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Airborne observatory views star-forming region W40

Observations of the region reveal a bright nebula and dozens of young stars, with at least six massive stars forming at the center.
A new image from NASA’s Stratospheric Observatory for Infrared Astronomy (SOFIA) provides the highest resolution mid-infrared image taken to date of the massive star formation region in our galaxy known as W40.

The W40 image was taken by the Faint Object infraRed Camera for the SOFIA Telescope (FORCAST) instrument mounted in the airborne observatory — a highly modified 747SP airliner carrying a reflecting telescope with an effective diameter of 100 inches (2.5 meters). The image of W40 is a composite of data captured by the FORCAST camera at infrared wavelengths of 5.4, 24.2, and 34.8 microns, all of which are partially or completely blocked by water vapor in Earth’s atmosphere and inaccessible to observatories even on high mountain tops.

W40 is difficult to view with optical telescopes because it lies on the far side of a dense cloud of gas and dust. Infrared observations of the region peer through the dust to reveal a bright nebula, dozens of young stars, and at least six massive stars some six to 20 times the mass of the Sun forming at the center.

At least 50 percent of the stars in the Milky Way Galaxy formed in massive clusters of thousands of stars similar to W40. Evidence suggests that the solar system developed in such a cluster almost five billion years ago. Because stars are relatively dim at the wavelengths measured by FORCAST, the observed emission in the images is due to dust surrounding the stars that are heated to a few hundred degrees.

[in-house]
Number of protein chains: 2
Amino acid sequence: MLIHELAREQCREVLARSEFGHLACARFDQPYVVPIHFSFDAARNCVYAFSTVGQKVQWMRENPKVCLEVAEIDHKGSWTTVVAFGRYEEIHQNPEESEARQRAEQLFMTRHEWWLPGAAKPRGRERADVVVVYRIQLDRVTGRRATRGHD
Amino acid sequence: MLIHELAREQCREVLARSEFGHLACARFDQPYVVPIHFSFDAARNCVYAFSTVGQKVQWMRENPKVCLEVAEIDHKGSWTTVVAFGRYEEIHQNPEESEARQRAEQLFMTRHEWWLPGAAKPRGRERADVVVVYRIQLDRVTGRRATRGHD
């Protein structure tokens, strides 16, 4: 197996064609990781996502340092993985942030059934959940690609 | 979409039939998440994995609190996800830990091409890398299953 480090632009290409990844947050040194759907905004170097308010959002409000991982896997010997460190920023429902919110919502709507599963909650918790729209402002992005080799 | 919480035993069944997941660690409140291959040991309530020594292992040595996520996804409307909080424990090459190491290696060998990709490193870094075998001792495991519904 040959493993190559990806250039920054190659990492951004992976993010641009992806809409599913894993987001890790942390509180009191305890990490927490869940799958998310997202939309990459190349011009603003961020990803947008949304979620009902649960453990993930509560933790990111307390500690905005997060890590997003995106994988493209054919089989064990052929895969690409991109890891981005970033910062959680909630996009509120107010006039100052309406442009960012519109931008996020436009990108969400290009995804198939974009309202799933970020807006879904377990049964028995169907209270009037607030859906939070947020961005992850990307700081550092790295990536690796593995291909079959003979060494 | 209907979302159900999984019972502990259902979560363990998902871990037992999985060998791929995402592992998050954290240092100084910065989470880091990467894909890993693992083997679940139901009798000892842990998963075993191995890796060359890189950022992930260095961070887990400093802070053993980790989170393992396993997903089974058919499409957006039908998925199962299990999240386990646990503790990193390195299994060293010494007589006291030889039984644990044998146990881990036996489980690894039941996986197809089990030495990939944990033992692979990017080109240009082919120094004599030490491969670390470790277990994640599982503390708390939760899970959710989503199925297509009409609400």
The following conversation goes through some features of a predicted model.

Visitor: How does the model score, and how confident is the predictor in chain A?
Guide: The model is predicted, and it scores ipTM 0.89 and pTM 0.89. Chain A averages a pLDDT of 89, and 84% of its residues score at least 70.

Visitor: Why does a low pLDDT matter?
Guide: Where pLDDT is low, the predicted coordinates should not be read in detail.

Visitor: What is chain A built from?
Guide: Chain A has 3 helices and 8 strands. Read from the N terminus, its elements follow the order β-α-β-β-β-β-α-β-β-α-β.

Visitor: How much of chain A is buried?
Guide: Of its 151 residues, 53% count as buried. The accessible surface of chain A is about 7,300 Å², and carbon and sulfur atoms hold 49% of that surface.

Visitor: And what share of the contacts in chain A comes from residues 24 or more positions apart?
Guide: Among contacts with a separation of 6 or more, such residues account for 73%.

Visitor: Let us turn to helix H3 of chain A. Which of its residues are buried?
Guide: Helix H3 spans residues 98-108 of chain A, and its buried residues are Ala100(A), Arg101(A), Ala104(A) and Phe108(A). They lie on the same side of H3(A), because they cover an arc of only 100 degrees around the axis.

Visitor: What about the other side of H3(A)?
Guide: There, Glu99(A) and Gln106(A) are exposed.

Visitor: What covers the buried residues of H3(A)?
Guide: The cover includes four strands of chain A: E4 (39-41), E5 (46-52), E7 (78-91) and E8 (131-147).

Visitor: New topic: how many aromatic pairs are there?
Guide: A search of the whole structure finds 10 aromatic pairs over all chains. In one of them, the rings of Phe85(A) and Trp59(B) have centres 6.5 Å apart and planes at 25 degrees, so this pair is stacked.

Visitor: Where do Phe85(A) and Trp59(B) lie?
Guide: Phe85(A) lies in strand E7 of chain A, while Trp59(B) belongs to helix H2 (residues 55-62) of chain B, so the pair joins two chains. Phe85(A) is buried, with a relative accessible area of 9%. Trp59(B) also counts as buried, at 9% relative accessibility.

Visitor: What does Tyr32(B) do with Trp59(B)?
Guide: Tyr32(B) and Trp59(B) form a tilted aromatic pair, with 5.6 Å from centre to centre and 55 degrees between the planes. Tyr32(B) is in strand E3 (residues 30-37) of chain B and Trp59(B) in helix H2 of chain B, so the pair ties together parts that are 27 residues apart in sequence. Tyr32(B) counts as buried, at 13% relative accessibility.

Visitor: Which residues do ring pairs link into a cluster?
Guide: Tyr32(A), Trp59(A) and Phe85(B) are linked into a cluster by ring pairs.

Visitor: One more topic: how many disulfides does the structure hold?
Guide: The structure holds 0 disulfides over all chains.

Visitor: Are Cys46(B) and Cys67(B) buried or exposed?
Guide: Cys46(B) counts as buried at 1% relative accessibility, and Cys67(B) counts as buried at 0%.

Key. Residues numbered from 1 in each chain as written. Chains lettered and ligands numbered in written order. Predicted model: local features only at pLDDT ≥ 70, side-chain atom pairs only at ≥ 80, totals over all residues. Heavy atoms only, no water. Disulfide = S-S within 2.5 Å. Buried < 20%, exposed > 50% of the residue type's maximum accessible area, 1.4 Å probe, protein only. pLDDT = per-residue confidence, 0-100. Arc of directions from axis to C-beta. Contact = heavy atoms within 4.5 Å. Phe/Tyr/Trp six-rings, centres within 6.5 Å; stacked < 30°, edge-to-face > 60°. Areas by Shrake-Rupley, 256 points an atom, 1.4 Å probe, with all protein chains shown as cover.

W40-FORCAST
This mid-infrared image of the W40 star-forming region of the Milky Way galaxy was captured recently by the FORCAST instrument on the 100-inch telescope aboard the SOFIA flying observatory. NASA/FORCAST
A new image from NASA’s Stratospheric Observatory for Infrared Astronomy (SOFIA) provides the highest resolution mid-infrared image taken to date of the massive star formation region in our galaxy known as W40.

The W40 image was taken by the Faint Object infraRed Camera for the SOFIA Telescope (FORCAST) instrument mounted in the airborne observatory — a highly modified 747SP airliner carrying a reflecting telescope with an effective diameter of 100 inches (2.5 meters). The image of W40 is a composite of data captured by the FORCAST camera at infrared wavelengths of 5.4, 24.2, and 34.8 microns, all of which are partially or completely blocked by water vapor in Earth’s atmosphere and inaccessible to observatories even on high mountain tops.

W40 is difficult to view with optical telescopes because it lies on the far side of a dense cloud of gas and dust. Infrared observations of the region peer through the dust to reveal a bright nebula, dozens of young stars, and at least six massive stars some six to 20 times the mass of the Sun forming at the center.

At least 50 percent of the stars in the Milky Way Galaxy formed in massive clusters of thousands of stars similar to W40. Evidence suggests that the solar system developed in such a cluster almost five billion years ago. Because stars are relatively dim at the wavelengths measured by FORCAST, the observed emission in the images is due to dust surrounding the stars that are heated to a few hundred degrees.

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